UPDATE, NOV. 29, 1:15 P.M.: See the remarks in the Comments section from someone claiming to be Kristina Dodge, who goes into greater detail about the latest controversy swirling around her and husband Lawrence Dodge.
ORIGINAL POST, NOV. 26, 12:16 P.M.: Kansas City journalist Matt Campbell includes some interesting, oh-how-the-mighty-have-fallen tidbits in his recent piece on (former?) Monarch Beach power couple Lawrence and Kristina Dodge, whose names are slapped onto Chapman University's film school in Orange.
It's the Dodges' names on another building in Kansas City that has drawn to scrutiny of newshounds there, as the couple reneged on $4 million of a $5 million pledge to build the $7 million Lawrence and Kristina Dodge Painting Building within the Kansas City Art Institute complex.
Kansas City Art Institute Sues $5 Million Donor For Breaking Financial Pledge
Lawrence Dodge, Prominent OC Philanthropist, Owes $2.5 mil for Lying, Violating Laws: Feds
Mira Sorvino, Smart as She is Talented, to Receive Anaheim International Film Fest Honor
Yours truly documented the serious regulatory hits that
led to the couple's financial downfall, which began with dirty dealings involving a
Kansas City bank Larry Dodge founded (see link above), while my colleague R. Scott Moxley previously detailed the Art Institute suit filed in Orange County Superior Court against the Dodges (see the other link above).
As Campbell reports in his long Kansas City Star piece, the Art Institute won its case, but it's unclear whether it will ever see the money it is owed. Meanwhile, the reporter gives the Dodges free reign to defend themselves. Among the choice tidbits:
- Once multimillionaires who besides Chapman poured millions into the Orange County Performing Arts Center, St. Margaret's
Episcopal School in San Juan Capistrano and the Republican Party and Republican candidates, the Dodges claim they are now so broke they are struggling to pay for daycare for their 2-year-old triplets and that the Art Institute judgment will likely push them into bankruptcy.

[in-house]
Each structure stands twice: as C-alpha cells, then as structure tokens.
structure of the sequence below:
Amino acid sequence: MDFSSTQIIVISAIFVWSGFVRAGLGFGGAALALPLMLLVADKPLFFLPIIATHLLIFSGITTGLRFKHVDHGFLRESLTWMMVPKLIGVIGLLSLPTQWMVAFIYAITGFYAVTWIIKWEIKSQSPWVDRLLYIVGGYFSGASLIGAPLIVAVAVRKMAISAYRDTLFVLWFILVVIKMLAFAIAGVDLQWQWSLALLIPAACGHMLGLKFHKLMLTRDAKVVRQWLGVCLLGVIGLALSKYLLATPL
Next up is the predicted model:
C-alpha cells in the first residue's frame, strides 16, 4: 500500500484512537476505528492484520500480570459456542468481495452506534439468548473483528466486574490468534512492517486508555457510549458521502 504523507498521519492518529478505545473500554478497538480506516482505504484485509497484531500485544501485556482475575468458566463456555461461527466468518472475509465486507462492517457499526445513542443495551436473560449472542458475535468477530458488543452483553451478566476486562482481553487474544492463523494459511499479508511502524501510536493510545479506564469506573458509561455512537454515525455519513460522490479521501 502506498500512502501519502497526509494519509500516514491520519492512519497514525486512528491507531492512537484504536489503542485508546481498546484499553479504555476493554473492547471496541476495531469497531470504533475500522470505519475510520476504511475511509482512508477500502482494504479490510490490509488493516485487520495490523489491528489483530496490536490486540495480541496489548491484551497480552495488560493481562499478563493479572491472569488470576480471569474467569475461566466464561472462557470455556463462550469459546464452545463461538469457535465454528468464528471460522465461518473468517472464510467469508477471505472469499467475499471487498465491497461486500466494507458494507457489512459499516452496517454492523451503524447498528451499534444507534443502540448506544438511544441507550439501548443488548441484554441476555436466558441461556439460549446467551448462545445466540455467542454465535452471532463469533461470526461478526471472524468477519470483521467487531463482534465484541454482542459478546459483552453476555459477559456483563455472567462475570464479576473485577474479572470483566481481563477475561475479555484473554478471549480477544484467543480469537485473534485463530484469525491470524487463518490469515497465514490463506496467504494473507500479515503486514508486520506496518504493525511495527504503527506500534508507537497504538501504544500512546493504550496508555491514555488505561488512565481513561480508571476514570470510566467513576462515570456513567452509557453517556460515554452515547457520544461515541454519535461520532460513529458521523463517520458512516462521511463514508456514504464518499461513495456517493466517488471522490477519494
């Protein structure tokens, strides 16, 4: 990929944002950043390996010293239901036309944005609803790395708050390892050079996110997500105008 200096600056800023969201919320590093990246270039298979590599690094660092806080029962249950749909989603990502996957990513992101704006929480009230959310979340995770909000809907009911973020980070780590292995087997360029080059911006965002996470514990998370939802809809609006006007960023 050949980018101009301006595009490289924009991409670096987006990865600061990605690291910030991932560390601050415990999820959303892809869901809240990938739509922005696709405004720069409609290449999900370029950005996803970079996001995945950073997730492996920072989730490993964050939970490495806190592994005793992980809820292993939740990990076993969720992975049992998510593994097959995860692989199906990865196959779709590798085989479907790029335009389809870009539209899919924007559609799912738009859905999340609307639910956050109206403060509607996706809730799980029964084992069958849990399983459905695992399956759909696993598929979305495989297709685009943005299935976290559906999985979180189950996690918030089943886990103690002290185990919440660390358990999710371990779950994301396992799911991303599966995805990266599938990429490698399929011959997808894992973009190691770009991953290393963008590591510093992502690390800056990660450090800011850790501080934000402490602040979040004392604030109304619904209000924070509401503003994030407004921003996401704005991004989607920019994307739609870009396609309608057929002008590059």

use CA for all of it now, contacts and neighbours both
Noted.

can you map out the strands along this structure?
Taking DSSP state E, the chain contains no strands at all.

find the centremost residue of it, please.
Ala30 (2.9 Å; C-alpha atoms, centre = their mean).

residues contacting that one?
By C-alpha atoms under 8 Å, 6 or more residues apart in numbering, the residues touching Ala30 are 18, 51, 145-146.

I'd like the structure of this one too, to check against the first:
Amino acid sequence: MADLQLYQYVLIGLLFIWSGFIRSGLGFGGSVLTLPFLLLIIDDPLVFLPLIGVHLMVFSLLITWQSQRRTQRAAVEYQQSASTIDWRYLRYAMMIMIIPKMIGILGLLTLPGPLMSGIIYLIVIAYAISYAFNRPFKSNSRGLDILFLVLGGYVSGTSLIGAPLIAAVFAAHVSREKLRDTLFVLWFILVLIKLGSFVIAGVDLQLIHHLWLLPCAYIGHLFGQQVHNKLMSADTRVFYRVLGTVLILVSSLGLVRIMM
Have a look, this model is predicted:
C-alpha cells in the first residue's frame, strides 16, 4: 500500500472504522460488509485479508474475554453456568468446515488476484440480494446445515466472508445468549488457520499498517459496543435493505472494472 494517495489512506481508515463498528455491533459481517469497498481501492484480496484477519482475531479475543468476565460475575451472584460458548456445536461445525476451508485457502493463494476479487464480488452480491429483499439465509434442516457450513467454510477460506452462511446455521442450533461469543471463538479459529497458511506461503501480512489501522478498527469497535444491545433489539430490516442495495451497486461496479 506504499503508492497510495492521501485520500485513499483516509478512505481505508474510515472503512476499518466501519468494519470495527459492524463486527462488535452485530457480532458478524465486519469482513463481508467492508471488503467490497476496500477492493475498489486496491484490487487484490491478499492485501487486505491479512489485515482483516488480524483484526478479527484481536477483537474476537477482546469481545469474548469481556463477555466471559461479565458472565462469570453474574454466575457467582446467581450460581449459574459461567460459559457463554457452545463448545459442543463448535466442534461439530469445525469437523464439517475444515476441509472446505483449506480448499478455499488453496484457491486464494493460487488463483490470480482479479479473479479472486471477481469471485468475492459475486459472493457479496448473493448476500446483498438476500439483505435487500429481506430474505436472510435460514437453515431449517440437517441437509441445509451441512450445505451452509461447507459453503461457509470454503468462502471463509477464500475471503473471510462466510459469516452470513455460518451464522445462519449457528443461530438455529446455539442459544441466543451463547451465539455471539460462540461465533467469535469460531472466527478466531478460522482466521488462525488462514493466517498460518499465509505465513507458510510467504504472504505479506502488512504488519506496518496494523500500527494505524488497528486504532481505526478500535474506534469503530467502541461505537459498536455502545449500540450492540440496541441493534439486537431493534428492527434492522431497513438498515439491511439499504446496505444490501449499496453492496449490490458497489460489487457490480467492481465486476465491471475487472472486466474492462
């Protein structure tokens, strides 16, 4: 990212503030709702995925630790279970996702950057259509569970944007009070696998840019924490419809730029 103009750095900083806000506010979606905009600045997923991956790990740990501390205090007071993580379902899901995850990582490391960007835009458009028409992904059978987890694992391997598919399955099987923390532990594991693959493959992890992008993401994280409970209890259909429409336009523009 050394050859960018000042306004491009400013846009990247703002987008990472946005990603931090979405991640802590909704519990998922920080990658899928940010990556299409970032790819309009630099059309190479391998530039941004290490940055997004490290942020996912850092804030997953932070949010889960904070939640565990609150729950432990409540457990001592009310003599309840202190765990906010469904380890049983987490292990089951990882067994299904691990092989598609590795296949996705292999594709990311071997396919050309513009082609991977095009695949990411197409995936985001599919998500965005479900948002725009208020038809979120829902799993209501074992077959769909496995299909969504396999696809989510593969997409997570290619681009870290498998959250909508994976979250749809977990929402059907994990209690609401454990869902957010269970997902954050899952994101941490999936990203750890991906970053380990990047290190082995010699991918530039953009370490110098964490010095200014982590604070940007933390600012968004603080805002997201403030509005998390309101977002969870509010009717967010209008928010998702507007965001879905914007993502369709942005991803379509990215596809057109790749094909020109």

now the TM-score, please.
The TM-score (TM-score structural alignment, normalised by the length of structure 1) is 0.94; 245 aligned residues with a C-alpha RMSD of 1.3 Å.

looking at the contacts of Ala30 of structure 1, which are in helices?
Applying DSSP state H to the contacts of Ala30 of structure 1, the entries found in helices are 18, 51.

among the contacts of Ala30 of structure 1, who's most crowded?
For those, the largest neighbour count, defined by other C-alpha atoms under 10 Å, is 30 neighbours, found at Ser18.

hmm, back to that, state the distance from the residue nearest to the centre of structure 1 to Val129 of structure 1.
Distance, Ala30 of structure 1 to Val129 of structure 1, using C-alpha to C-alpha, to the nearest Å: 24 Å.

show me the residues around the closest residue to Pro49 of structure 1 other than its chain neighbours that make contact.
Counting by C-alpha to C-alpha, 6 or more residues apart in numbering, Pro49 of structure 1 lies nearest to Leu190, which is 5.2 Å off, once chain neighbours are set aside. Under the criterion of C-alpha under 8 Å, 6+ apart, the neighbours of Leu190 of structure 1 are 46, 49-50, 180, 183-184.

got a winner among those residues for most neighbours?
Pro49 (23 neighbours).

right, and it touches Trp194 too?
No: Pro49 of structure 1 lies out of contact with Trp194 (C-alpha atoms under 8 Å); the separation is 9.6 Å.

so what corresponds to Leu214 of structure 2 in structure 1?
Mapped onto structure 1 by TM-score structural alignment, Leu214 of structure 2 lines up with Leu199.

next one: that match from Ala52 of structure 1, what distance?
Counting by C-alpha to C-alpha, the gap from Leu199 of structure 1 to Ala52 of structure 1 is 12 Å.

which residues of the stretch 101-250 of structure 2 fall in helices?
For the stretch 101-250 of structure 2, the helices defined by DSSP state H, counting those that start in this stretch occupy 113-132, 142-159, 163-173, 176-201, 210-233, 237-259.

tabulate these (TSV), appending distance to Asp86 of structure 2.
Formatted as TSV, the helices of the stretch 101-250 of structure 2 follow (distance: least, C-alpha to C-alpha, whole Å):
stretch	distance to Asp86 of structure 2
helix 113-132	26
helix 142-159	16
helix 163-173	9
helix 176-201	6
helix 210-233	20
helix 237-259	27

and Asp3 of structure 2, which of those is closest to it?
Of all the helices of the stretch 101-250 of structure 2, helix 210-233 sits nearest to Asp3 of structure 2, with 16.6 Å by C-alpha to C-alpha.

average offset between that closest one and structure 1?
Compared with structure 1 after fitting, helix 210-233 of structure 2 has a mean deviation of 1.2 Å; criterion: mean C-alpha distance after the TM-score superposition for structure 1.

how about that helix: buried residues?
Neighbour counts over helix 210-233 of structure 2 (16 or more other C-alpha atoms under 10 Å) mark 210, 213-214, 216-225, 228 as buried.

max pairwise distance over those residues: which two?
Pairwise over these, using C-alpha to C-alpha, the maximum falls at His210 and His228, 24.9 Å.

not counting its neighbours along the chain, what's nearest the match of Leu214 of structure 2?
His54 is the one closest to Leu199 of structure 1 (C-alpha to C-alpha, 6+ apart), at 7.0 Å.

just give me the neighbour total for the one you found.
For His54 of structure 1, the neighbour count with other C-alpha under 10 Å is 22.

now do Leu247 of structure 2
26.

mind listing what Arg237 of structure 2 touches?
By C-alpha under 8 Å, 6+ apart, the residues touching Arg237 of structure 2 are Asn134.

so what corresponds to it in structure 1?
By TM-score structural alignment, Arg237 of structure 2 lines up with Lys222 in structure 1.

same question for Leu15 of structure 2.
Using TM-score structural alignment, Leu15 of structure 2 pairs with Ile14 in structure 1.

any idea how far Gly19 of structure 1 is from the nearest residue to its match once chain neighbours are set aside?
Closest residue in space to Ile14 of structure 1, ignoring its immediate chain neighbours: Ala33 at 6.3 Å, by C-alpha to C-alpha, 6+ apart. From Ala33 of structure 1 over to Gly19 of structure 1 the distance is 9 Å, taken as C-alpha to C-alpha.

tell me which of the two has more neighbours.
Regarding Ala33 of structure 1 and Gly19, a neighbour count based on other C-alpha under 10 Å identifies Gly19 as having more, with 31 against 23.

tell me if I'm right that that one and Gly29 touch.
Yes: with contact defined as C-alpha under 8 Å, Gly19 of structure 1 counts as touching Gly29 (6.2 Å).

- “This is an organization that is ruthless, completely ruthless and heartless,” a “sobbing” Kristina Dodge reportedly tells Campbell. Larry Dodge, 73, says he was served the suit “without an explanation” at his daughter's 11th birthday party, and that ever since, Art Institute officials have “been absolutely
horse's behinds” as he's tried to restructure the gift.
- The couple initially tried to fight the case without an attorney because they claimed they could not afford one. That proved to be a tactical mistake as they made many judicial errors along the way and eventually were ordered to pay $4 million. They have since retained a pro bono attorney.
- Campbell explains in the piece the Art Institute is leaving the couple's name on the building because “we still expect them to live up to the contract,” prompting Kristina Dodge to remark, “I don't
care about that. I never did. I wish they'd take
it off. We don't want to be associated with them anymore.”
- The $5 million Art Institute pledge came around the same time (2004-05) the couple gave $20 million to private Chapman University, where you'll now find the Lawrence and Kristina Dodge College of Film and Media Arts. Kristina Dodge, who is 50 and remains a university trustee, and Chapman President James Doti co-host the public television program Dialogue with Doti & Dodge.
- The Center for Investigative Reporting ranked the Dodges
No. 9 on a list of top “California rainmakers” for having given more
than $6.8 million to the California Republican Party and various
candidates between 2001 and 2008. Before Gov. Arnold
Schwarzenegger left Sacramento, he reappointed Kristina Dodge to the Orange County Fair
Board of Directors.
- The government seizure of Larry Dodge's American Sterling Insurance “just sent
our lives into a tailspin,” according to Kristina Dodge, who thinks the regulatory action was unnecessary and motivated by a desire
to “shut down little banks.”
- The couple claims it ponied up $22 million of their own money to save the bank, while also borrowing
from an insurance company using their oceanfront mansion as collateral. Larry Dodge, who has forever been banned from banking as past of his government settlement, was informed by his former company that their home will be auctioned off on the Orange County courthouse steps next month.
- The Dodges say they've been selling stuff on eBay to get by.
They are due back in court Dec. 13 for a debtor hearing.